For those of you supporting a corporate enterprise environment where you now are starting to have to support both types of devices, Apple did post a knowledge base article on that specifically highlights the differences in use between the devices that may be useful for you:
It mostly impacts the following:
Conference Call (how many you can call up, 5 on GSM, 2 on CDMA)
Pauses when dailing (the CDMA device doesn’t dial 1-800-MY-IPHONE or 555-1212x1234)
Hold (Doesn’t exist on CDMA)
Of course all of this may change once we know more about the iPhone 5 and Verizon’s LTE plans into 2012..
As the Microsoft Exchange platform has become the dominant e-mail solution of choice on the planet, it’s solution for remote e-mail access on mobile devices has also been the most widely used method. I will give some background, and then provide some links to information that may provide more in-depth information on the support given on various devices.
The EAS protocol, which has a server and a client component, was first licensed on the client side, and then later also in 3rd party server implementations. In 2008 Microsoft announced it’s Interoperability Principles initiative and changed the licensing scheme to it’s EAS patents, and provided full documentation to the protocol to the public.
Today, the licensees include Apple, IBM, Google and probably most if not all the mobile device OEMs. It is no secret that many believe that in part of the success of many of the other non-Microsoft mobile OS platforms has been their license of EAS and their successful implementations of it.
The important versions of EAS usually follow the Exchange Server releases and they are are currently:
|EAS Version ||Server Release ||Comments |
|EAS 2.0 ||Exchange Server 2003 || |
|EAS 2.5 ||Exchange Server 2003 SP2 || |
|EAS 12 ||Exchange Server 2007 ||The Exchange software becomes part of Office release 12 aka Office 2007. |
|EAS 12.1 ||Exchange Server 2007 SP1 || |
|EAS 14 ||Exchange Server 2010 ||The Office product team skips over number “13”. |
|EAS 14.1 ||Exchange Server 2010 SP1 || |
More details can be found here.
Due to the incremental versions, protocol licensing and various implementations on different mobile devices, OS platforms and software clients it is very hard to get a complete view of what features are supported on a given device. Even if the mobile device is running a specific OS platform, the OEM, and mobile operator (especially here in North America) can decide to make specific changes.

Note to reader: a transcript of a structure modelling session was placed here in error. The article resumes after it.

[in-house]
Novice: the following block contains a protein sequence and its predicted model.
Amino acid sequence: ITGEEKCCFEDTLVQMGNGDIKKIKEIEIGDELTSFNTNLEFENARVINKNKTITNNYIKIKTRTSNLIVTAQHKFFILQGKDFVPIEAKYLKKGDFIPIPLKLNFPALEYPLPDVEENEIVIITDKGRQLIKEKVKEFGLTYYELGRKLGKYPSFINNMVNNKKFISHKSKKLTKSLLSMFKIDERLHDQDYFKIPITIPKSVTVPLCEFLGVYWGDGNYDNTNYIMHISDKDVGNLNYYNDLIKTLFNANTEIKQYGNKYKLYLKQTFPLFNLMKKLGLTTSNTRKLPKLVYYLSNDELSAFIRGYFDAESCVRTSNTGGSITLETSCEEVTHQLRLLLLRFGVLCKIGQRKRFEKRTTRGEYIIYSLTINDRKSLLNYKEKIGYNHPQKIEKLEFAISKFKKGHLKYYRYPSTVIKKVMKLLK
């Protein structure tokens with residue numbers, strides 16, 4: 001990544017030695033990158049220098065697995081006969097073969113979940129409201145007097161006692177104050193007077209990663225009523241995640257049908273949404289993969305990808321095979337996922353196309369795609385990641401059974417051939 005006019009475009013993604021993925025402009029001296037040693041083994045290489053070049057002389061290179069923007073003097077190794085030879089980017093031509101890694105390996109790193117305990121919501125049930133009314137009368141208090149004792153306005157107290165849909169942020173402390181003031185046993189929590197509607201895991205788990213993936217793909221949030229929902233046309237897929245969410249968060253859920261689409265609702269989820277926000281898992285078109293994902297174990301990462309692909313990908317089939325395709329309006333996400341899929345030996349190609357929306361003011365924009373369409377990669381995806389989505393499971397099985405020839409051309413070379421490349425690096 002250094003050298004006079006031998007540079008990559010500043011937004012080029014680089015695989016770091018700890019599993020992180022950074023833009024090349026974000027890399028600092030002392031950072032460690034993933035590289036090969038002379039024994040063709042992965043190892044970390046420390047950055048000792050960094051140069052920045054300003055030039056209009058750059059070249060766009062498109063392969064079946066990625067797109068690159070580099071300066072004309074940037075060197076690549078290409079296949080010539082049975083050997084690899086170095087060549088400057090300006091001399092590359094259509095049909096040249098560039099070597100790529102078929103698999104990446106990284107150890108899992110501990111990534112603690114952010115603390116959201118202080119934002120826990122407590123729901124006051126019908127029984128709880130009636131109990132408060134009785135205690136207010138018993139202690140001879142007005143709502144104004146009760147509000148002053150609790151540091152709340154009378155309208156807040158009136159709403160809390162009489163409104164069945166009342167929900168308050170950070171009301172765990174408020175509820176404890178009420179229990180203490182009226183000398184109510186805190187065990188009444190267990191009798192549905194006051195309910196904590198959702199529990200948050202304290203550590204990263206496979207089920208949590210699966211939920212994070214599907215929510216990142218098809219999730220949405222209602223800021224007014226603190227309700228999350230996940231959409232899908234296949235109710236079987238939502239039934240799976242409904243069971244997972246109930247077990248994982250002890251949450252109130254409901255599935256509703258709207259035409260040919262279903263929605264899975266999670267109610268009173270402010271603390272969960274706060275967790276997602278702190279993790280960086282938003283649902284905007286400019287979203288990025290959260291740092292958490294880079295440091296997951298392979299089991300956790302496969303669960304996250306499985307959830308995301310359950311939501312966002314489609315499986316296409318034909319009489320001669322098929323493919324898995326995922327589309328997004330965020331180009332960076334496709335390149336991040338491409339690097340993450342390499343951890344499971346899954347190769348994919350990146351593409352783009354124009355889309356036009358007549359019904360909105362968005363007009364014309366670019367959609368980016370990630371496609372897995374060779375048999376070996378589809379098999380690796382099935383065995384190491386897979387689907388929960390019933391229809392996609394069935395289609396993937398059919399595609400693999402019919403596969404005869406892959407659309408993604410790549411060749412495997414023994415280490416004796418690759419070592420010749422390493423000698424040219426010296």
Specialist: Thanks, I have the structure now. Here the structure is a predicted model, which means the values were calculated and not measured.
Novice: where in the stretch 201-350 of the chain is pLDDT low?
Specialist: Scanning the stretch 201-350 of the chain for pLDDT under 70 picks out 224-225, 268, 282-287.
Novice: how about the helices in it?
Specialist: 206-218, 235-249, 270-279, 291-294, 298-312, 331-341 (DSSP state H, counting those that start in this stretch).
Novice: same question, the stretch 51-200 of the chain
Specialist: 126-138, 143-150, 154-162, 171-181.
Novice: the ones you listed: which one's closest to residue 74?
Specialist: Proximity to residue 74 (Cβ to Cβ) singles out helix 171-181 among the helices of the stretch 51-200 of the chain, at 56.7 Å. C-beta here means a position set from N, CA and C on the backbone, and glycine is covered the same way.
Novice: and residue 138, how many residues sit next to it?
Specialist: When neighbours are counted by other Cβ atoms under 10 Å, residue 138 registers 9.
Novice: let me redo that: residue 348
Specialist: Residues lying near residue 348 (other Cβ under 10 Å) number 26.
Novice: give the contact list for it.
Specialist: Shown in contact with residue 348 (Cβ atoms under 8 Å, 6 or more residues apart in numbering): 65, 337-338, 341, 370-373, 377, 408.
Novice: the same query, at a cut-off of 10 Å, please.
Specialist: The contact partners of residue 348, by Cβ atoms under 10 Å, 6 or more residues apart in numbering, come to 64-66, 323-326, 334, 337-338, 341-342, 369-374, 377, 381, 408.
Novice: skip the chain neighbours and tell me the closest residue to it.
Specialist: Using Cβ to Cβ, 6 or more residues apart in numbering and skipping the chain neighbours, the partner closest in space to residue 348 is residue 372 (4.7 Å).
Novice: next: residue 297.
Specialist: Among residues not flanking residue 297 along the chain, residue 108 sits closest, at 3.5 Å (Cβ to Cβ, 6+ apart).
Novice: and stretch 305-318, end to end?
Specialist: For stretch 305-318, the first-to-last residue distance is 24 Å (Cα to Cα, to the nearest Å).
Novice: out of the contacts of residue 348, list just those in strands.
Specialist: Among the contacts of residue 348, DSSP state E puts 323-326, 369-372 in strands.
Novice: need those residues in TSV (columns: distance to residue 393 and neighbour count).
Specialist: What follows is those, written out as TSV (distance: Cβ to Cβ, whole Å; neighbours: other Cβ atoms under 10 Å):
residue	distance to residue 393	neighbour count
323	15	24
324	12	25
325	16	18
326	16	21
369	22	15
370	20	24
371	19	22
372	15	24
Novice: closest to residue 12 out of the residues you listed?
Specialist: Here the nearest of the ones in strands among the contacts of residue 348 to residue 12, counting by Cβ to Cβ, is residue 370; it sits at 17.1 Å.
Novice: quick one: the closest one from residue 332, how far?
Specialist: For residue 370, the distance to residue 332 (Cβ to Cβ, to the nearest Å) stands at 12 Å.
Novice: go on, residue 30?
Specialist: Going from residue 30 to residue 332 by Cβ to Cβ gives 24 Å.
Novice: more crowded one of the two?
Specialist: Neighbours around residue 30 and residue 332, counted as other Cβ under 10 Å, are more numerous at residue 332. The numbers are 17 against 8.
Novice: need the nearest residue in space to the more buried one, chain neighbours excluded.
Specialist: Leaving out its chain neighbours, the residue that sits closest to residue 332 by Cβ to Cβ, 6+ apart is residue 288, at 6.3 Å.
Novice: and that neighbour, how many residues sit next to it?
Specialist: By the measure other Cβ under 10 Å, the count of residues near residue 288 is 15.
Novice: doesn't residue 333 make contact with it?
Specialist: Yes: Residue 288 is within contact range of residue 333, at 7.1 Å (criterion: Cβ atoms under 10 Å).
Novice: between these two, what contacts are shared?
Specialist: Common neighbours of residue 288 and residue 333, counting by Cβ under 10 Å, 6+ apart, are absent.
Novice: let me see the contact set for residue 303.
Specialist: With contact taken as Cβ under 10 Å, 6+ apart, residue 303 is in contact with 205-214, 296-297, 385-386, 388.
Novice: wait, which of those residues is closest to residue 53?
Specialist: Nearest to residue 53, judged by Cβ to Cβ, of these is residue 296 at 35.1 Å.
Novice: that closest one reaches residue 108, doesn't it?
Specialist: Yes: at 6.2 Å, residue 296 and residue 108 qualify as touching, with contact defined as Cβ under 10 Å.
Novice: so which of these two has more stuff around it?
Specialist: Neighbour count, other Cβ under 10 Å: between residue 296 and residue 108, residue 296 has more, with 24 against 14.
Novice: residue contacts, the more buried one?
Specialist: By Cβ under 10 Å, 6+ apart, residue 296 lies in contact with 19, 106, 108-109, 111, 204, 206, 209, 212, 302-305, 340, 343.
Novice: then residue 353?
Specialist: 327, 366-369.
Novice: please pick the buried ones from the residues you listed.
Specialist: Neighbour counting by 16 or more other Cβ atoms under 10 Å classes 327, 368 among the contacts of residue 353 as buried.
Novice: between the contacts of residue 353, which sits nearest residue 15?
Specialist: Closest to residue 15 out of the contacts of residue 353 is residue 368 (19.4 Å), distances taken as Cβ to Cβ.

I have found several references that may help, but all will obviously become out of date as new platform versions, software and devices come out.
I take no responsibility for their accuracy or the content. All information should always be tested on the devices you have on hand. I also apologize if the links become dead after a given amount of time, please ping me and I can update.
|Name ||Hyperlink ||Comment |
Comparison of Exchange ActiveSync Clients
|Updated by the “public” on Wikipedia, has Android 3.0. |
Exchange ActiveSync Client Comparison Table
|Link ||Updated table posted on Microsoft TechNet. Please notice the Nitrodesk Touchdown comparison. This can close many gaps on Android devices and also supported by MDM vendors. |
|Android and iPhone Exchange Activesync Policies ||Link ||Nice listing by Tom Basham in the UK. Points out some problems with the Wikipedia comparison on the CALs. |
|Android 2.2 and ActiveSync policies – a complete guide that works ||Link ||Only using a HTC Desire running Android 2.2 on Exchange 2007 SP1. But great play by play. |
|iPhone OS 4 and EAS – what really works? ||Link ||Only using an iPhone running iOS 4.2 on Exchange 2007 SP1. But another great play by play of all the policies. |
|More on Windows Phone 7 Security Policies ||Link ||Brief review from Tom Basham of the Windows Phone 7 related security policies. |
|Exchange ActiveSync Considerations When Using Windows Phone 7 Clients ||Link ||Detailed TechNet article on Windows Phone 7 supported features by Henrik Walther. |